Saint Ignatius College Geelong

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    Parenting Ideas Insights

    Daily lessons in resilience

    Recently, I saw a mother give a simple, yet profound resilience lesson to her school-aged child, after they missed a much-anticipated excursion due to poor behaviour at school. Replying to the child’s protests about teacher unfairness and his over-reaction to missing out on a learning opportunity his mum simply replied, “Oh well!” Then she busied herself with other tasks. The child stunned by her reaction, shrugged and headed off to complete their homework.

    Adult reactions matter

    It’s in our reactions to children’s and young people’s every day mistakes, mess-ups, muck-ups and hurts where the real lessons in resilience lay.

    The lessons for this child were simple but profound. “Oh well” meant:

    • Stuff happens
    • Don’t look for fault or blame
    • Keep your perspective
    • Pick yourself off and continue with what you were doing

    How to react

    The resilience lesson for this mother were equally as profound. When a minor mishap with a child or teenager occurs:

    • Match your response to the incident
    • Stay calm and be positive
    • Don’t look for fault or blame
    • Remember, stuff happens

    Resilience lesson for parents – “Oh well”

    Every day there are opportunities for parents to give their children lessons in resilience.

    A child misses being picked for a team that they had their heart set on joining. “Oh well. Let’s see how you go next time”

    When they experiences rejection in the playground at school. “Oh well. You’ll find that some people don’t want to be your friend.”

    When a teenager doesn’t get the mark they thinks they deserves in an assignment. “Oh well. Sometimes we don’t get the marks we think we deserve.”

    Match your response to the challenge to promote resilience.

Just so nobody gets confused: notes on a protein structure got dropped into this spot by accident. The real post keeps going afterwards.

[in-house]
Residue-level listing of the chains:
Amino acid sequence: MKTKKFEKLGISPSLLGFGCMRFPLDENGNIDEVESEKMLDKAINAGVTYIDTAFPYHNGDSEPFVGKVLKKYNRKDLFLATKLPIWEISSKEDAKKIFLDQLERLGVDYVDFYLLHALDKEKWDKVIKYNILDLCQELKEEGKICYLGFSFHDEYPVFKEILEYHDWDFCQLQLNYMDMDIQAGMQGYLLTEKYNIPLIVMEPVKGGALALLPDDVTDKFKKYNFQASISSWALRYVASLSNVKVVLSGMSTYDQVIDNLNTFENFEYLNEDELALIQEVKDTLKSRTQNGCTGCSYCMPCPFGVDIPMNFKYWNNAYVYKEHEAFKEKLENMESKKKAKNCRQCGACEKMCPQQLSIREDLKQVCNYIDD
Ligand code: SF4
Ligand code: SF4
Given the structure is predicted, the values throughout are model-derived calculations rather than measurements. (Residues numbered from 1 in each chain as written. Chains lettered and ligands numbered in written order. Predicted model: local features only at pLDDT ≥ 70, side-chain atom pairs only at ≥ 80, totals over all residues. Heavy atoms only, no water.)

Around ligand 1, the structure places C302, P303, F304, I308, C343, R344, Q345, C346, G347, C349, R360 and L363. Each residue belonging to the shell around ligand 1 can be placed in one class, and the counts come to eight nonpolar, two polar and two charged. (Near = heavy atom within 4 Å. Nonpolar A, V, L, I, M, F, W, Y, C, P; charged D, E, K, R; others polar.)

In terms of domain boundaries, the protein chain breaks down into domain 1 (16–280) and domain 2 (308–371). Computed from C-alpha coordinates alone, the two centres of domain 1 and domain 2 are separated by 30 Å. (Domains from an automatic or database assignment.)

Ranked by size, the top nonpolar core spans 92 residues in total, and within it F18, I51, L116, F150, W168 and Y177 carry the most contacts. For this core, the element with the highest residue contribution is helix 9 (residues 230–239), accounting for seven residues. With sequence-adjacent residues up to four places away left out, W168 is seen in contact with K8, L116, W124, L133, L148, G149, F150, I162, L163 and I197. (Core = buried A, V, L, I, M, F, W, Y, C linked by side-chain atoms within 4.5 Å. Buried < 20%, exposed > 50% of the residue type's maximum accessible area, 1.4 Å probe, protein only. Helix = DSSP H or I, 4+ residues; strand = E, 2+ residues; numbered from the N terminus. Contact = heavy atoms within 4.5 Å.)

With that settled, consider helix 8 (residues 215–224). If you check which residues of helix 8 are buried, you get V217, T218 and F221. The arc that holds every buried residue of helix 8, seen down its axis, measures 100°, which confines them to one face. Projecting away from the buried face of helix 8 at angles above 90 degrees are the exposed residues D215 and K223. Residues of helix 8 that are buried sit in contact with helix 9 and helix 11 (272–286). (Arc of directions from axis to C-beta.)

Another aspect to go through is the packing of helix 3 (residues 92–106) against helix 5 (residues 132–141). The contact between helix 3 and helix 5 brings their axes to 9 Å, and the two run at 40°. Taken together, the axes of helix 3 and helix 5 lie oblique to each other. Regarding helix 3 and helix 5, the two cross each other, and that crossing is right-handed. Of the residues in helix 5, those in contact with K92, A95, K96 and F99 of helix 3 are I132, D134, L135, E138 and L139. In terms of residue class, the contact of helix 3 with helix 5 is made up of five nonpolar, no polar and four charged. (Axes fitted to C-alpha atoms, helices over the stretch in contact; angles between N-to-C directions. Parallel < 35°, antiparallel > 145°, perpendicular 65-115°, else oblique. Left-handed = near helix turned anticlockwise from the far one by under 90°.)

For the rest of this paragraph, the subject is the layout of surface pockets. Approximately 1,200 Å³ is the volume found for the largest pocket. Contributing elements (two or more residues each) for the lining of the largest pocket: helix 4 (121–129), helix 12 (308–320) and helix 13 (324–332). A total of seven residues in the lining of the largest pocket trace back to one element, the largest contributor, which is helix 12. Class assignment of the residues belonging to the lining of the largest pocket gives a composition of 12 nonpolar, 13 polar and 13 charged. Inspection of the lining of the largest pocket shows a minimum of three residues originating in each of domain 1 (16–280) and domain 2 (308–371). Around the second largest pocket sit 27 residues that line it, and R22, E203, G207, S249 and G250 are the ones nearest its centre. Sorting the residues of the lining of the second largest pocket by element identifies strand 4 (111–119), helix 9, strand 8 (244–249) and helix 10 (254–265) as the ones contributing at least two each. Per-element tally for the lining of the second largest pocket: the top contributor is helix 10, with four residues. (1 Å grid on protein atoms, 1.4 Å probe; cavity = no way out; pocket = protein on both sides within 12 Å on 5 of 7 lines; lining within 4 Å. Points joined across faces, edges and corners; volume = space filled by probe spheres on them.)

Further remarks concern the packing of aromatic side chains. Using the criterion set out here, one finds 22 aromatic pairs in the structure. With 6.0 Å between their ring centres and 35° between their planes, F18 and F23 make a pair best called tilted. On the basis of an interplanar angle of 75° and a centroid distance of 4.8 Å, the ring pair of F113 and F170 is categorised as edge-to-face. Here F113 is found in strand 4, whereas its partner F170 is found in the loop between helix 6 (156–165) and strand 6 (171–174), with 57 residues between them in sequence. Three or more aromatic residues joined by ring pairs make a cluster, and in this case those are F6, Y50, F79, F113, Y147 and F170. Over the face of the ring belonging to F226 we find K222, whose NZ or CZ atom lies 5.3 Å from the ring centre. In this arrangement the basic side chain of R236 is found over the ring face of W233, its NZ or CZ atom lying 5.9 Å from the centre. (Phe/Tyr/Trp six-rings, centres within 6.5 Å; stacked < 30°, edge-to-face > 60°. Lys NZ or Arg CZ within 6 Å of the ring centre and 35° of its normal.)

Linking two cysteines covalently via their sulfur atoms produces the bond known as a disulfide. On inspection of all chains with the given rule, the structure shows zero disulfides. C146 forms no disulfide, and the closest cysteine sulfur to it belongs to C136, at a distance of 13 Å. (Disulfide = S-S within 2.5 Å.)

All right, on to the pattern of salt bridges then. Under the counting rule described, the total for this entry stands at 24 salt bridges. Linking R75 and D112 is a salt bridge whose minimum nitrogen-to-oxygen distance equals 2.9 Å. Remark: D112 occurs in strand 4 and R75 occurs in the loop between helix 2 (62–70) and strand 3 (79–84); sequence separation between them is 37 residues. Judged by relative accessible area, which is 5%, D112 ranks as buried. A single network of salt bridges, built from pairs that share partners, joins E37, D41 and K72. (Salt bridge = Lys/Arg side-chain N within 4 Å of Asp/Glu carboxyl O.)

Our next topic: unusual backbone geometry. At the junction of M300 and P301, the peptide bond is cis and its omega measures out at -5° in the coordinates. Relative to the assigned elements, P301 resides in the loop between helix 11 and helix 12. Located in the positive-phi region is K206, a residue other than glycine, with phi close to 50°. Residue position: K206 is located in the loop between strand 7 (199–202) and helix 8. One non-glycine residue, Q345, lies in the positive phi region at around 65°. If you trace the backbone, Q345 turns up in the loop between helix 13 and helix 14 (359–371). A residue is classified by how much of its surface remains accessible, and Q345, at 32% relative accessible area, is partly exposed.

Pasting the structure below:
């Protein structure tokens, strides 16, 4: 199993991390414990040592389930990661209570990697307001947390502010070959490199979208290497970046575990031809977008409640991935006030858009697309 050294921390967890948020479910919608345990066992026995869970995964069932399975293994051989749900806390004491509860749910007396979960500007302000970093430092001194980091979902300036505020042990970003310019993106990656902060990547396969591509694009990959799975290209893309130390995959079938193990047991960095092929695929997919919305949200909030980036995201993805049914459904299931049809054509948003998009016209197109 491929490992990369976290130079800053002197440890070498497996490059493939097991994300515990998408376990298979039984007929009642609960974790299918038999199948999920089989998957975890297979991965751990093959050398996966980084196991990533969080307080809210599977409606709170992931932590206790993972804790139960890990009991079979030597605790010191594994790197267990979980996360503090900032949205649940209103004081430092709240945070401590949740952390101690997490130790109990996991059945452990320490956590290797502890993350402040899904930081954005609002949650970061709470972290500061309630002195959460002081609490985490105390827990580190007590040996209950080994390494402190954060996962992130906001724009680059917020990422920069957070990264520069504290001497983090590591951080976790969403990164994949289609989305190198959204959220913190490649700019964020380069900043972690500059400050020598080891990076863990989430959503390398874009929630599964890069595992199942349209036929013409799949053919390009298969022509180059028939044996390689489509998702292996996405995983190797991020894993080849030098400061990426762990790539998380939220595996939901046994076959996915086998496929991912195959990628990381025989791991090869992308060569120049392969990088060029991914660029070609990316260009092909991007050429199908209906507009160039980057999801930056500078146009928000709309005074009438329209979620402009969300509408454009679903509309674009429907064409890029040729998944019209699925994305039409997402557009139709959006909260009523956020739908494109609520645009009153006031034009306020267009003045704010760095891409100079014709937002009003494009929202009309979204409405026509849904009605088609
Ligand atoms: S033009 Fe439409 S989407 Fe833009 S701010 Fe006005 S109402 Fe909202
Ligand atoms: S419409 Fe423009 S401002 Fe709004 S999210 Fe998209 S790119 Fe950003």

There are times when “Oh well” won’t cut it. When a child is bullied he needs your continued support.

    When a student’s continuous efforts at improvement are constantly met with criticism then you may need to act on their behalf and meet with a teacher.

    When a child always struggles to make the grade and is never picked for a team then you may need to help them make different choices.

    These types of situations also present opportunities for daily lessons in resilience, but they require more parental support and teaching.

    The resilience lessons learned are deeper and include concepts such as ‘things will eventually go you way,’ ‘there are times when you need to seek help’ and ‘this too shall pass.’

    Promoting personal resilience focuses on helping kids cope with life’s hurts, disappointments and challenges in the present, while building strengths for the future.

    Daily lessons in resilience are everywhere. You just need to be ready to make the most of these valuable lessons when they come your way.

    Michael Grose

    Michael Grose, founder of Parenting Ideas, is one of Australia’s leading parenting educators. He’s the author of 10 books for parents including Thriving! and the bestselling Why First Borns Rule the World and Last Borns Want to Change It, and his latest release Spoonfed Generation: How to raise independent children.

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